Though they’ll never read or hear it, I offer my heartfelt thanks to the three gentleman for whom I had the pleasure simply of holding open a door. God bless them.

Palin’s war prayer

All over the web, Sarah Palin’s already infamous address to ministry students at her former church:

“Our national leaders are sending them out on a task that is from God,” she said. “That’s what we have to make sure that we’re praying for, that there is a plan and that plan is God’s plan.”

The first sentence, yes, troubles me immensely. However, the second, which appears to take on a subjunctive tone, seems, to me, partially to retract the Messianism exuding from the first. She suggests, toward the end, not that, as she first remarked, our Middle Eastern debacle is God’s will; rather, she implores her audience to pray that it is, that we have not, as a nation, acted against God. This hardly comforts me, is only trivially better than directly calling it God’s plan, as she first does; nonetheless, I think it leaves open the possibility that the Iraq War, in her eyes, isn’t necessarily God’s plan.

Truth be told, as much as I doubt it, for the sake of the souls of those who have perpetuated the Arabian absurdity, I hope that such prayers, that God might, even partially, approve, are answered on high in the affirmative.

August is the cruelest month

John Zmirak, one of my favorites, offers a thoughtful plaint, recalling dreadful Augusts of the last one hundred years, at InsideCatholic.

“[I]t’s being fought — and not always fought (Mike and his men are engineers) — by men and women who may or may not agree with the war, but who promised to go if their country called, and who are honoring that promise.”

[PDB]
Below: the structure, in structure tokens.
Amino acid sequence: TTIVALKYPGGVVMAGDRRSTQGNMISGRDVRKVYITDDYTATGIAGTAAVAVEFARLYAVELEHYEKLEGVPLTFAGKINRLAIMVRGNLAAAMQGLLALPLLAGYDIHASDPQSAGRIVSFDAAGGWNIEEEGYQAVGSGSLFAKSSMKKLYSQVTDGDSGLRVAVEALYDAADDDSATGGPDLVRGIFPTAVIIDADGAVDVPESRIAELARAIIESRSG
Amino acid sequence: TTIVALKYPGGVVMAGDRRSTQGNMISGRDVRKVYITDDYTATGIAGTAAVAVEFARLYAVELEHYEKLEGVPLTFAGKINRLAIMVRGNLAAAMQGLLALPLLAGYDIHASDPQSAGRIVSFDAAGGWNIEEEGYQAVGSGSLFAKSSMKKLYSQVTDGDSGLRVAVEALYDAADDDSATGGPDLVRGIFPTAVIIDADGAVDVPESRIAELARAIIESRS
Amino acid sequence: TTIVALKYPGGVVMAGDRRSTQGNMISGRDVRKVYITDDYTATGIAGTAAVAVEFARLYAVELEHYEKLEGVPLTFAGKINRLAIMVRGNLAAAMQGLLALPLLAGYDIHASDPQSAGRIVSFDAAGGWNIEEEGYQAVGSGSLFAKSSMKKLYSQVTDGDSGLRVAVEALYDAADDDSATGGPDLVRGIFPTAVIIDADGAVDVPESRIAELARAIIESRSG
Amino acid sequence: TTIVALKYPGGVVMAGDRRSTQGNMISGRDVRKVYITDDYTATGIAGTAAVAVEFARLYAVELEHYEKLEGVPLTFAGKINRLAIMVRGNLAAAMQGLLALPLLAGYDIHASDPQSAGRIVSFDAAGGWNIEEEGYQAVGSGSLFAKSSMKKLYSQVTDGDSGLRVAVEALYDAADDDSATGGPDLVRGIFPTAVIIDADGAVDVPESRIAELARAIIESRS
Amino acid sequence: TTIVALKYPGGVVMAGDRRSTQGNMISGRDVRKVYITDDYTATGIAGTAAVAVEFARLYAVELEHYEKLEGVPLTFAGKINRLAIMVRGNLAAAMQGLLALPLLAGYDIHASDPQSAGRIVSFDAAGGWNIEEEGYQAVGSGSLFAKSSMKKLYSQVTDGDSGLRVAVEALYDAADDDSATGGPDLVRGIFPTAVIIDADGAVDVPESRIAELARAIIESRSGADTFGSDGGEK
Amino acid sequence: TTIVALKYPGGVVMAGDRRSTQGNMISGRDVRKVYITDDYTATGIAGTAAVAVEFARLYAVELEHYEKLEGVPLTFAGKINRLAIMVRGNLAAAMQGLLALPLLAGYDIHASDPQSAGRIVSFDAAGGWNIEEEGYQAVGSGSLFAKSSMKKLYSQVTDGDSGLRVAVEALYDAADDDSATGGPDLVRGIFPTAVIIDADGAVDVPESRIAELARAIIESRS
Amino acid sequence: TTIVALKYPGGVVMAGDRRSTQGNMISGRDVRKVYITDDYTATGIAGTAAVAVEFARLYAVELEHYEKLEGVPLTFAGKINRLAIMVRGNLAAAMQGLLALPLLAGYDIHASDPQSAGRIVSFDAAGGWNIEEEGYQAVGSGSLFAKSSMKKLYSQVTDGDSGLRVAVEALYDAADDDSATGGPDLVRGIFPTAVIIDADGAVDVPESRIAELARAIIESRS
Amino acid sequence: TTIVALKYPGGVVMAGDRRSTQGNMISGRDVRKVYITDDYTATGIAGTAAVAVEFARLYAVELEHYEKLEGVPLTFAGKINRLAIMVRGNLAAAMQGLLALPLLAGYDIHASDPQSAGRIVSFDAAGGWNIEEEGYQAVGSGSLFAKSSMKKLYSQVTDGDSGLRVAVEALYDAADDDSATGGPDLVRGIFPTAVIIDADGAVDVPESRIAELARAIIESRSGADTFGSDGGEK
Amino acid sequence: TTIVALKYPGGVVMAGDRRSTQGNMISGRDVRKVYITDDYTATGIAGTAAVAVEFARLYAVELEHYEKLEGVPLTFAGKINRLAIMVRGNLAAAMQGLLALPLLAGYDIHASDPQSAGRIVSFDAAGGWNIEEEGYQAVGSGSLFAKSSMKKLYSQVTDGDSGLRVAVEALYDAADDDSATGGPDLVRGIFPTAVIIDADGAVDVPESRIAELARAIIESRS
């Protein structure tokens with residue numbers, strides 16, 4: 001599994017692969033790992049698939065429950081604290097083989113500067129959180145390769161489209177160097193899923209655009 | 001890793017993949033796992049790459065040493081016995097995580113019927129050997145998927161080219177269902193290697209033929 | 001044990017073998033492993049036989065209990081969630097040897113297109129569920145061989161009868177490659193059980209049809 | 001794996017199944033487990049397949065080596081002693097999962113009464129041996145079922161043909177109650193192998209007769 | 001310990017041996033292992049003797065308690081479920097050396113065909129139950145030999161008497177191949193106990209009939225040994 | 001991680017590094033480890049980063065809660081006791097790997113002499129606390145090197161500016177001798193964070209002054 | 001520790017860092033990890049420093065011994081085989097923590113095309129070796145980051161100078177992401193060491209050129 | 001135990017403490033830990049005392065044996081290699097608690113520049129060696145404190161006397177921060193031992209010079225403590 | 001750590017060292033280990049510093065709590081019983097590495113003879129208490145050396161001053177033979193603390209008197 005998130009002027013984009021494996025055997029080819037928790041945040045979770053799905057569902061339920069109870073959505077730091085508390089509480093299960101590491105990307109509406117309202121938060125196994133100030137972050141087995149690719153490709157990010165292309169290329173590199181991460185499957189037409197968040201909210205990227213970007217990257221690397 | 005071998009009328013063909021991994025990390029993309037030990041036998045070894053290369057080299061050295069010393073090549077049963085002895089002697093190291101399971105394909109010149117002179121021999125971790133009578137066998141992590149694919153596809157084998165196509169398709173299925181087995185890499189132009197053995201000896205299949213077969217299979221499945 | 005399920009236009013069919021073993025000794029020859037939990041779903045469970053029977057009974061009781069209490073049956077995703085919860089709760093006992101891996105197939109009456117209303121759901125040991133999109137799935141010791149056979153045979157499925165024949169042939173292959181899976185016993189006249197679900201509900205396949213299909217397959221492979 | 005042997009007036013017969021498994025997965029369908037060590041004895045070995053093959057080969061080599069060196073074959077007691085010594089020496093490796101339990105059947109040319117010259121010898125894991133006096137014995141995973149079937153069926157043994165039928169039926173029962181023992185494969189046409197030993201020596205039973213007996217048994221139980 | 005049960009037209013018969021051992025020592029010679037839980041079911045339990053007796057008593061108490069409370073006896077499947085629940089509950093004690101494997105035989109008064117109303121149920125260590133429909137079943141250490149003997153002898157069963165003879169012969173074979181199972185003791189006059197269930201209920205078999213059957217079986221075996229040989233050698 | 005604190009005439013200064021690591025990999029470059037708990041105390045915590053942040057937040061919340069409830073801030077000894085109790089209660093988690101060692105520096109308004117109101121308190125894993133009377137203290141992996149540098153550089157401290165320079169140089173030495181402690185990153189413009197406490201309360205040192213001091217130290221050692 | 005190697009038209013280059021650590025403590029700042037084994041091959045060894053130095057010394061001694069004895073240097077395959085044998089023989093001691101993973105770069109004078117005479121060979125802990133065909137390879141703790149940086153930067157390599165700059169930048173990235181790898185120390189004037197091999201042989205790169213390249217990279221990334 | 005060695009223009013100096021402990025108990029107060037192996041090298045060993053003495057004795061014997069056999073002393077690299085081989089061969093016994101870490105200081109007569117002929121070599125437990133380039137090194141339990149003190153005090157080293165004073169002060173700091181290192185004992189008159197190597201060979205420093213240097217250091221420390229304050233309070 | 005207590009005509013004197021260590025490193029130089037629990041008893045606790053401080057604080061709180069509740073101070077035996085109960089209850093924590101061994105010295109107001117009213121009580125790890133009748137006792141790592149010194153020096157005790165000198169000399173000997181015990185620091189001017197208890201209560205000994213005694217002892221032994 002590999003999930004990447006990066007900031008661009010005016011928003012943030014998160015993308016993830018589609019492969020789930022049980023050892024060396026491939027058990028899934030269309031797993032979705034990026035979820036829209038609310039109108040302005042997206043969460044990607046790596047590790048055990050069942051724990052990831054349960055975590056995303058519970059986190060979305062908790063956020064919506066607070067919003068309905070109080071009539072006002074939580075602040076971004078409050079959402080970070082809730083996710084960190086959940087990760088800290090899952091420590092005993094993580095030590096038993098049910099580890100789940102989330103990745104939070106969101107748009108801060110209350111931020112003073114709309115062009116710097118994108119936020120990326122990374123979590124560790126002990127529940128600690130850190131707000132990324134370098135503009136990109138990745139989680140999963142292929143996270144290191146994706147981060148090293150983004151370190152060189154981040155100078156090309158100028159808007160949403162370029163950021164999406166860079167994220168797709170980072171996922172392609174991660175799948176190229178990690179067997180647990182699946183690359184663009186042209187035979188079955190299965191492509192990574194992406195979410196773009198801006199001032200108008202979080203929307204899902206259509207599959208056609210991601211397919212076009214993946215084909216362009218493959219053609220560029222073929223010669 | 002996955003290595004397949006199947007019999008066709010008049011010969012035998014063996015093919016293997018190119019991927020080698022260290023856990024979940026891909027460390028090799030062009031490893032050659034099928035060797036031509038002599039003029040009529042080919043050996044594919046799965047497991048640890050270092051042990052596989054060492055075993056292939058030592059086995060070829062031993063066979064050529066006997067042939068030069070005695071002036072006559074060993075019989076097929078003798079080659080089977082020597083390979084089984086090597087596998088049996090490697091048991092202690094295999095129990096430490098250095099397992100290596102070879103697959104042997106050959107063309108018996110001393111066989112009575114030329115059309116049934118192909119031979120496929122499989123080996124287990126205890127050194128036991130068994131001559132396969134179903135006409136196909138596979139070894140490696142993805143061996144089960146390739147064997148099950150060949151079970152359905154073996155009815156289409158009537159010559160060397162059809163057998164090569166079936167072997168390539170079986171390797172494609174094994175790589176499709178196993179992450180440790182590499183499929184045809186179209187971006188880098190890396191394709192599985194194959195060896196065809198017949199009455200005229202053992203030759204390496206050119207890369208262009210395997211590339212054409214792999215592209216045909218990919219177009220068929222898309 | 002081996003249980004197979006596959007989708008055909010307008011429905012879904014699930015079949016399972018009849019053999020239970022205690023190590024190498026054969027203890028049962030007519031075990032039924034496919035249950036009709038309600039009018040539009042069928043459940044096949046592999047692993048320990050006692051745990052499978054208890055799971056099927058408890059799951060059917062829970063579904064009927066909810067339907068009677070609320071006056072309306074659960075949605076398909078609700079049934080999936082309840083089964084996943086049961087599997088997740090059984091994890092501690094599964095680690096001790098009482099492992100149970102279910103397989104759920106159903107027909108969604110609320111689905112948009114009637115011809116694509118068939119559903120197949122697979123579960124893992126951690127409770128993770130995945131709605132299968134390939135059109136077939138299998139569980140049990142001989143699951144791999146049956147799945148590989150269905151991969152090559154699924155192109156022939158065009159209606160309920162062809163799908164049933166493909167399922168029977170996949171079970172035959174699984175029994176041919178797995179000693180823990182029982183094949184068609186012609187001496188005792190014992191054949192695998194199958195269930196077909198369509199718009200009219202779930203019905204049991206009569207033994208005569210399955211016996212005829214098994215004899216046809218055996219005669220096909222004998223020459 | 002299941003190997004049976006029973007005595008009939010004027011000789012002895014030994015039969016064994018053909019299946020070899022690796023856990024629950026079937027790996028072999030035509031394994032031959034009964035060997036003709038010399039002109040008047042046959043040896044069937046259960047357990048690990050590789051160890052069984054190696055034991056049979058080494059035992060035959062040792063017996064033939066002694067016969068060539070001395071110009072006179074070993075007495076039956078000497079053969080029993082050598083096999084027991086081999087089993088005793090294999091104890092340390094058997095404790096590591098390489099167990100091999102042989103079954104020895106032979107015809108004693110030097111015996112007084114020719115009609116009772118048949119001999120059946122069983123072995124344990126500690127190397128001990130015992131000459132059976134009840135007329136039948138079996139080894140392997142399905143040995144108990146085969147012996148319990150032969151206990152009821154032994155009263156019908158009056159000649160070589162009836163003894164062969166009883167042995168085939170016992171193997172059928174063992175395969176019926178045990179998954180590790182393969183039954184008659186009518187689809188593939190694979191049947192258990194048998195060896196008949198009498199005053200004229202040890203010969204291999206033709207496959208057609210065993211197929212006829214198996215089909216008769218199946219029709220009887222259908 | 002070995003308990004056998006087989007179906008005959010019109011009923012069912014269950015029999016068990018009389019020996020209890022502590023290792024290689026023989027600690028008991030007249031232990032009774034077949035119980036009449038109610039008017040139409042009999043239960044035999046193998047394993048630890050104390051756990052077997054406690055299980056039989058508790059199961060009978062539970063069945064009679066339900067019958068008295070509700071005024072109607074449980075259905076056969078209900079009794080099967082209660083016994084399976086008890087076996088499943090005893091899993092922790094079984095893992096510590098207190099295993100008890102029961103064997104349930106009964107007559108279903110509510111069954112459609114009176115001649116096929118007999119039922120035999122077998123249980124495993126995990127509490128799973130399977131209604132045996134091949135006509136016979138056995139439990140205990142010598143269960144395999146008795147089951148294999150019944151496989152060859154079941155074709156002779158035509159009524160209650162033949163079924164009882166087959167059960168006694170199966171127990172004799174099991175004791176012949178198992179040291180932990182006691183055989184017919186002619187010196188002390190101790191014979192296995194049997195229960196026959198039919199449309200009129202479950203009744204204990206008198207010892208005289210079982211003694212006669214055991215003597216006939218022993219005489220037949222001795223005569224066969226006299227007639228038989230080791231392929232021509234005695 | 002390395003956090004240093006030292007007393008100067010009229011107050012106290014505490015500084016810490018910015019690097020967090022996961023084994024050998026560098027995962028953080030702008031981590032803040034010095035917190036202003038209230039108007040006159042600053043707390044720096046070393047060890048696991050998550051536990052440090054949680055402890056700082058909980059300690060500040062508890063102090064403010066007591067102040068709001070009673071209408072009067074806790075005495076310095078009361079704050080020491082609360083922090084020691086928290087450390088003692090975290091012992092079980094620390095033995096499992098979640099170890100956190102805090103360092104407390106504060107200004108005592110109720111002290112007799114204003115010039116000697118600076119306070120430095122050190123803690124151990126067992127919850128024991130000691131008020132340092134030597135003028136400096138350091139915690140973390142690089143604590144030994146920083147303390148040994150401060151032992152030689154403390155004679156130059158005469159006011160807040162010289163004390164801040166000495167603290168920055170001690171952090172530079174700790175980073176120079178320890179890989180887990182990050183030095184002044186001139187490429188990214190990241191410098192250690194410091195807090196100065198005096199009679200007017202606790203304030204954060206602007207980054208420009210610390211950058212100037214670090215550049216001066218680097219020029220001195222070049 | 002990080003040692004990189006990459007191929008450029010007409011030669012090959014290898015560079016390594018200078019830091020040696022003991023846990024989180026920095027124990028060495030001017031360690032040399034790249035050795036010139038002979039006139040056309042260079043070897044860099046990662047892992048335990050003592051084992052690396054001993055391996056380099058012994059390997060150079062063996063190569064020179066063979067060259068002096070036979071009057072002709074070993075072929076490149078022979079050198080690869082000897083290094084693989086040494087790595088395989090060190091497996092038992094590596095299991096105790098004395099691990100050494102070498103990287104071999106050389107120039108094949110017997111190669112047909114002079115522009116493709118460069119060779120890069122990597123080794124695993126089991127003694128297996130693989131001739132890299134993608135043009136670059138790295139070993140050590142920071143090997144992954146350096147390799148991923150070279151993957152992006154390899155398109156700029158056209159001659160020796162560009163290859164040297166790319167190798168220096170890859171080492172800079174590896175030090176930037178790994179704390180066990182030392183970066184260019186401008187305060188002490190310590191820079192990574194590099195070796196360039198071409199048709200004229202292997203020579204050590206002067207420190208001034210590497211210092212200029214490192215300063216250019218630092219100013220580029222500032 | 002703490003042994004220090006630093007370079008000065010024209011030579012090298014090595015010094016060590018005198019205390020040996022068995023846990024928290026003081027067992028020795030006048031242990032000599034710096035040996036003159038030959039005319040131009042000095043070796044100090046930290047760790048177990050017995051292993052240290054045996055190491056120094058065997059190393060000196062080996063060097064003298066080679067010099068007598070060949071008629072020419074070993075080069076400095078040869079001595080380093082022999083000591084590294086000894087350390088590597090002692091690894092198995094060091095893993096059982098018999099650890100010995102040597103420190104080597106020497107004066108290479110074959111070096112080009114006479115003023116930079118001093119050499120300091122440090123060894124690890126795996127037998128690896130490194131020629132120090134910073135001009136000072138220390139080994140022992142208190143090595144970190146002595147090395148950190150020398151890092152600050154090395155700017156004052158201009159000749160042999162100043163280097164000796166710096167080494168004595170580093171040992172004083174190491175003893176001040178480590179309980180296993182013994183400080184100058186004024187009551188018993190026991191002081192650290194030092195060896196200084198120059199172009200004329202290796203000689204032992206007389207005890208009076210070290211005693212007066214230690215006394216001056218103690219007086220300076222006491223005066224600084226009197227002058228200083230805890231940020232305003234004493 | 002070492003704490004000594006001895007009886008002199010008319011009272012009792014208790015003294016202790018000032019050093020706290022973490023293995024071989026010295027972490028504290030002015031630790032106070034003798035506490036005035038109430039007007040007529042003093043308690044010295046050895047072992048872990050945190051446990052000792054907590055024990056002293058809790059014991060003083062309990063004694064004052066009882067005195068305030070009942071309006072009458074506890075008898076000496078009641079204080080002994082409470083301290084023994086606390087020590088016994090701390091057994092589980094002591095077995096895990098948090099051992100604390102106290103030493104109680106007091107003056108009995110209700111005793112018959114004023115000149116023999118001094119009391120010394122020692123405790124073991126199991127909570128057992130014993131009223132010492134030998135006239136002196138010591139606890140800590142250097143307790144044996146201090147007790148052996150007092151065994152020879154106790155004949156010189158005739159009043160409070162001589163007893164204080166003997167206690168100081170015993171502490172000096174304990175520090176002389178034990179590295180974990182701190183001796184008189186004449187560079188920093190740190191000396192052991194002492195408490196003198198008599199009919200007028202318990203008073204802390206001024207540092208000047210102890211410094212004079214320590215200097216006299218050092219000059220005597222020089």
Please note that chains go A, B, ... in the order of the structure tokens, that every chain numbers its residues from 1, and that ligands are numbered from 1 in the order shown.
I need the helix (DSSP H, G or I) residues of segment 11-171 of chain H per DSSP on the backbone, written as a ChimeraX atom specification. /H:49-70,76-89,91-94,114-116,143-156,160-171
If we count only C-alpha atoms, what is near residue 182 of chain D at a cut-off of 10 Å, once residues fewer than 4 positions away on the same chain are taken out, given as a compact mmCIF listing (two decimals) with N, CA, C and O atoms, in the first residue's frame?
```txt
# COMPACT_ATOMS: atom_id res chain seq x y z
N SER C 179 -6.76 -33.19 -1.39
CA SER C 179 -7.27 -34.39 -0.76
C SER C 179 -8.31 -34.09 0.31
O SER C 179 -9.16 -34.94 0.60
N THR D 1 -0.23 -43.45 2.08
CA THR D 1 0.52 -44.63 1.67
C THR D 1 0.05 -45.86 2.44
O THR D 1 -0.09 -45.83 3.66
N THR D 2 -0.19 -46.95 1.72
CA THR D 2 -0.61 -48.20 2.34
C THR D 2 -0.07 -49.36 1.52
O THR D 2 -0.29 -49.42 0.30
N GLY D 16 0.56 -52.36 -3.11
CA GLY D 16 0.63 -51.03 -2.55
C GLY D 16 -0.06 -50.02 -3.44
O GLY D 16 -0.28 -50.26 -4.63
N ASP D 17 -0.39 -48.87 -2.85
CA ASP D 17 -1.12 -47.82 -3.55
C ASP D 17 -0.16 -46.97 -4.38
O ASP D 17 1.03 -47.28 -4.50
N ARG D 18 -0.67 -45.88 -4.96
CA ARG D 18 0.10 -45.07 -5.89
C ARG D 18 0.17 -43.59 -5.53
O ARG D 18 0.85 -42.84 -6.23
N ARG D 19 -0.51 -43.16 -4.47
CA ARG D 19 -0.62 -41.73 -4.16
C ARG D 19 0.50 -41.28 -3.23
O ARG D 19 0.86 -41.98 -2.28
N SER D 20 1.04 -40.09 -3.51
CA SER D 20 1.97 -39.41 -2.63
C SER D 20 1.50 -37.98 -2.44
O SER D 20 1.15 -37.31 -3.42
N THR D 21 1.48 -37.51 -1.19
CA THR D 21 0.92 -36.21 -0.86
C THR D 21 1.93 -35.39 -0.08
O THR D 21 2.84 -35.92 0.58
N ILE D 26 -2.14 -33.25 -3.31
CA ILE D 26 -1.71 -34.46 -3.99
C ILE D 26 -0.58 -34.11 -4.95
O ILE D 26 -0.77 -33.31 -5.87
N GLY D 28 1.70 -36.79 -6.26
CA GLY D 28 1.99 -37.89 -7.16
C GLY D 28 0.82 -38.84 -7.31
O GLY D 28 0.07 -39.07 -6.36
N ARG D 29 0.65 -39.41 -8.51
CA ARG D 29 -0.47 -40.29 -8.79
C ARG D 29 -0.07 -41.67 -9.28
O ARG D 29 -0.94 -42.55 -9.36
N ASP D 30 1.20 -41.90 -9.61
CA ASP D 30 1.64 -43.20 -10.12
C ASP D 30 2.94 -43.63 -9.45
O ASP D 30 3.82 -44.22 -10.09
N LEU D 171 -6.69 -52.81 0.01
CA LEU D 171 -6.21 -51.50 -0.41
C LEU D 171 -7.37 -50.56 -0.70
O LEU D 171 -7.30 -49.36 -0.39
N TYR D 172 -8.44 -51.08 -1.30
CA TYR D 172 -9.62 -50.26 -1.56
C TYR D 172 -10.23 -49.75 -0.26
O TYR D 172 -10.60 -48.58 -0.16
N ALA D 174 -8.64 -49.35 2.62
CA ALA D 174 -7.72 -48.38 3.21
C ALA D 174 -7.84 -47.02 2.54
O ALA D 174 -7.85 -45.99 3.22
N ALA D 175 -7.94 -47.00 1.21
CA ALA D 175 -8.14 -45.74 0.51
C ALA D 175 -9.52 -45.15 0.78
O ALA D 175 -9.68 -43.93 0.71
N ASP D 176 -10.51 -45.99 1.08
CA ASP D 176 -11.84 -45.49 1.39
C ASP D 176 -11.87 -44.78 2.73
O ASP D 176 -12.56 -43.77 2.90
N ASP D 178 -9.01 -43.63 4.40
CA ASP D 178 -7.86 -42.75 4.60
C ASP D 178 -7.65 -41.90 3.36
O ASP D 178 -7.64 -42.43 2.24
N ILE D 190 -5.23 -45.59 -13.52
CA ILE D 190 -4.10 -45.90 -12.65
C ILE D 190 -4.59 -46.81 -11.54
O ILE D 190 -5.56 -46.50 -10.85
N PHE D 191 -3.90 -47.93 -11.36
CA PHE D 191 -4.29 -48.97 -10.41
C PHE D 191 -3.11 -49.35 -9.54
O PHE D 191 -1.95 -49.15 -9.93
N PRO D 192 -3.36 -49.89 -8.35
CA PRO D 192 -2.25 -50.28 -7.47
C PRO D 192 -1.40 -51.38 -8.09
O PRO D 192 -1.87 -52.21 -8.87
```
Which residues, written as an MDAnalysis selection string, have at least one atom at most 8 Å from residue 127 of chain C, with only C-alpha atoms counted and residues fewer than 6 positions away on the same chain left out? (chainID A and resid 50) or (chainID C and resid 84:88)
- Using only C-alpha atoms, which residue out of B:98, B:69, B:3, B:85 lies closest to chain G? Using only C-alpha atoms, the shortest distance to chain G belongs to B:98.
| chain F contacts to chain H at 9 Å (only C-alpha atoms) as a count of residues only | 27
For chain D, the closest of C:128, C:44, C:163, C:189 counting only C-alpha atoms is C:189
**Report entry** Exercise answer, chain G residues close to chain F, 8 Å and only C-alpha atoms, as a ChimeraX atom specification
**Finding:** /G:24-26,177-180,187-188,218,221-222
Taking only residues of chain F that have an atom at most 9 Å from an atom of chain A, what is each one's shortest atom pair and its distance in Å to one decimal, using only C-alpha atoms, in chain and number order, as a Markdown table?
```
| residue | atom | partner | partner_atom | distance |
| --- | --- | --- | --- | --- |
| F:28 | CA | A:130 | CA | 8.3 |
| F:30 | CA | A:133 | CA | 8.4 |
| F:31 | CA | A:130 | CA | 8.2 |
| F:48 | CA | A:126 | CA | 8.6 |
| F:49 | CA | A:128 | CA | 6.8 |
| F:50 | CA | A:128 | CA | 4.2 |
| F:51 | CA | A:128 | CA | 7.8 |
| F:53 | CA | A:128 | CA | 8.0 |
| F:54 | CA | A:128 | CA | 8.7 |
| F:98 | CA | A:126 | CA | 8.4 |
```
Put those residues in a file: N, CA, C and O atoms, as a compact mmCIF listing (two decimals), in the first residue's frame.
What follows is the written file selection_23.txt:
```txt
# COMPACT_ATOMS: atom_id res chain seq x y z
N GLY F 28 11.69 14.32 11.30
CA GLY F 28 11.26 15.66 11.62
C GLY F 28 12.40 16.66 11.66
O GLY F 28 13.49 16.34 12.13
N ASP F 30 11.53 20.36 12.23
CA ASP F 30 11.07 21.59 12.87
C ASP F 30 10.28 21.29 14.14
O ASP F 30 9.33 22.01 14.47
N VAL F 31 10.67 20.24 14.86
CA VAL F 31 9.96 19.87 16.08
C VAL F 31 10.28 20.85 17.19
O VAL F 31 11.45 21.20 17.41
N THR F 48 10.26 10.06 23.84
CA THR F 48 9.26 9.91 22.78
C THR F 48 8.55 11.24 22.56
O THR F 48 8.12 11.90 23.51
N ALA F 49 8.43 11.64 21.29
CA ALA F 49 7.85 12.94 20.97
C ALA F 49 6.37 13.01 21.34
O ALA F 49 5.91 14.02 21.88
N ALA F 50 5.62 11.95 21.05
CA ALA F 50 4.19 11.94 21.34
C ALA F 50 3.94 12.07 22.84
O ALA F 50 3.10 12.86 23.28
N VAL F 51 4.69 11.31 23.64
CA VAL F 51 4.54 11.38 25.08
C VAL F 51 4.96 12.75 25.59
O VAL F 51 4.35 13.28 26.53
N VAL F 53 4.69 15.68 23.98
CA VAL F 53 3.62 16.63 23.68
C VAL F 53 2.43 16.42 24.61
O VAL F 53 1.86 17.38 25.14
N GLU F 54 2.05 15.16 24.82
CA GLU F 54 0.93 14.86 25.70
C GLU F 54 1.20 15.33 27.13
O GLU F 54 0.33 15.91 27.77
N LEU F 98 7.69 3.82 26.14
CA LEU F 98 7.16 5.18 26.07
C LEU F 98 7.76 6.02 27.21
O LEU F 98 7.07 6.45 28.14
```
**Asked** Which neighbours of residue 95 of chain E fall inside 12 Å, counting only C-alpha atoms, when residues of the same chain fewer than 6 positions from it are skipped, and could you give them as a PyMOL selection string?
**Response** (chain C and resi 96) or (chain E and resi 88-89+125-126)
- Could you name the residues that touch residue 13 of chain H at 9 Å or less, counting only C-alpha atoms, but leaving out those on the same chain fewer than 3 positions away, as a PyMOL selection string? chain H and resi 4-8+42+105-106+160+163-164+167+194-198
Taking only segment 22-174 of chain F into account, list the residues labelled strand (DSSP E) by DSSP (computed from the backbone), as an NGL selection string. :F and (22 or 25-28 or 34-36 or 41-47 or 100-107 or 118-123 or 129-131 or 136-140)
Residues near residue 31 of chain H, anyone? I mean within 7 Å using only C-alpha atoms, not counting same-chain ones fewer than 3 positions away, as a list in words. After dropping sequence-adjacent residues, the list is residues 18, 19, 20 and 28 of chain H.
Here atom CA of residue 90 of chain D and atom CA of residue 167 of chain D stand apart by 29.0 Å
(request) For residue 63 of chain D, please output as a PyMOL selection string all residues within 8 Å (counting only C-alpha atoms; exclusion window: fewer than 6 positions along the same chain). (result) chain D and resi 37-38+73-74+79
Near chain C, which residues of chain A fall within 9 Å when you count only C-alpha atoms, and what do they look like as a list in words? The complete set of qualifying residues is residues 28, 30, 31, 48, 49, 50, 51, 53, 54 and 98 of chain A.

Rod has posted an absolutely heart-warming piece about the return of his brother-in-law’s unit from Iraq. The italicized line in the following block is, save, maybe the line where-with I titled this post, my favorite in Rod’s piece. Do read it.

The image above appears in the Baton Rouge Advocate today. It shows my brother-in-law, Chief Warrant Officer Mike Leming, as he got off the plane in Baton Rouge yesterday and greeted his family. In the photo is my sister Ruthie, their daughters Hannah (the tall blonde) and Claire. Little Rebekah is not in the photo because she’s clinging to her daddy’s leg.

On the subject of Iraq, I want to link to, for the second — if not third — time, this somber piece, “The Things That Carried Him”, from Chris Jones in Esquire. War sucks; this one, particularly. But just as we must always thank those, such as Mike Leming, who return to their families, we must remember all of the brave men and women whom we’re not so fortunate to welcome home with hugs, kisses, and thanks, such as Sgt. Joe Montgomery, an Indiana boy, from this catastrophic foreign intervention.

“It breaks your heart when you drive through and you see people and they’re crying for you,” Vicki said later. She was especially struck by the nameless mechanic in his coveralls, black with oil. He had crawled out from under a car, out of the pit, and he stood in front of the garage, perfectly straight, perfectly still, saluting the hearse, and lines formed under his eyes in the oil on his face.

God bless Mike Leming, Joe Montgomery, and every other American who honors the promises he has made.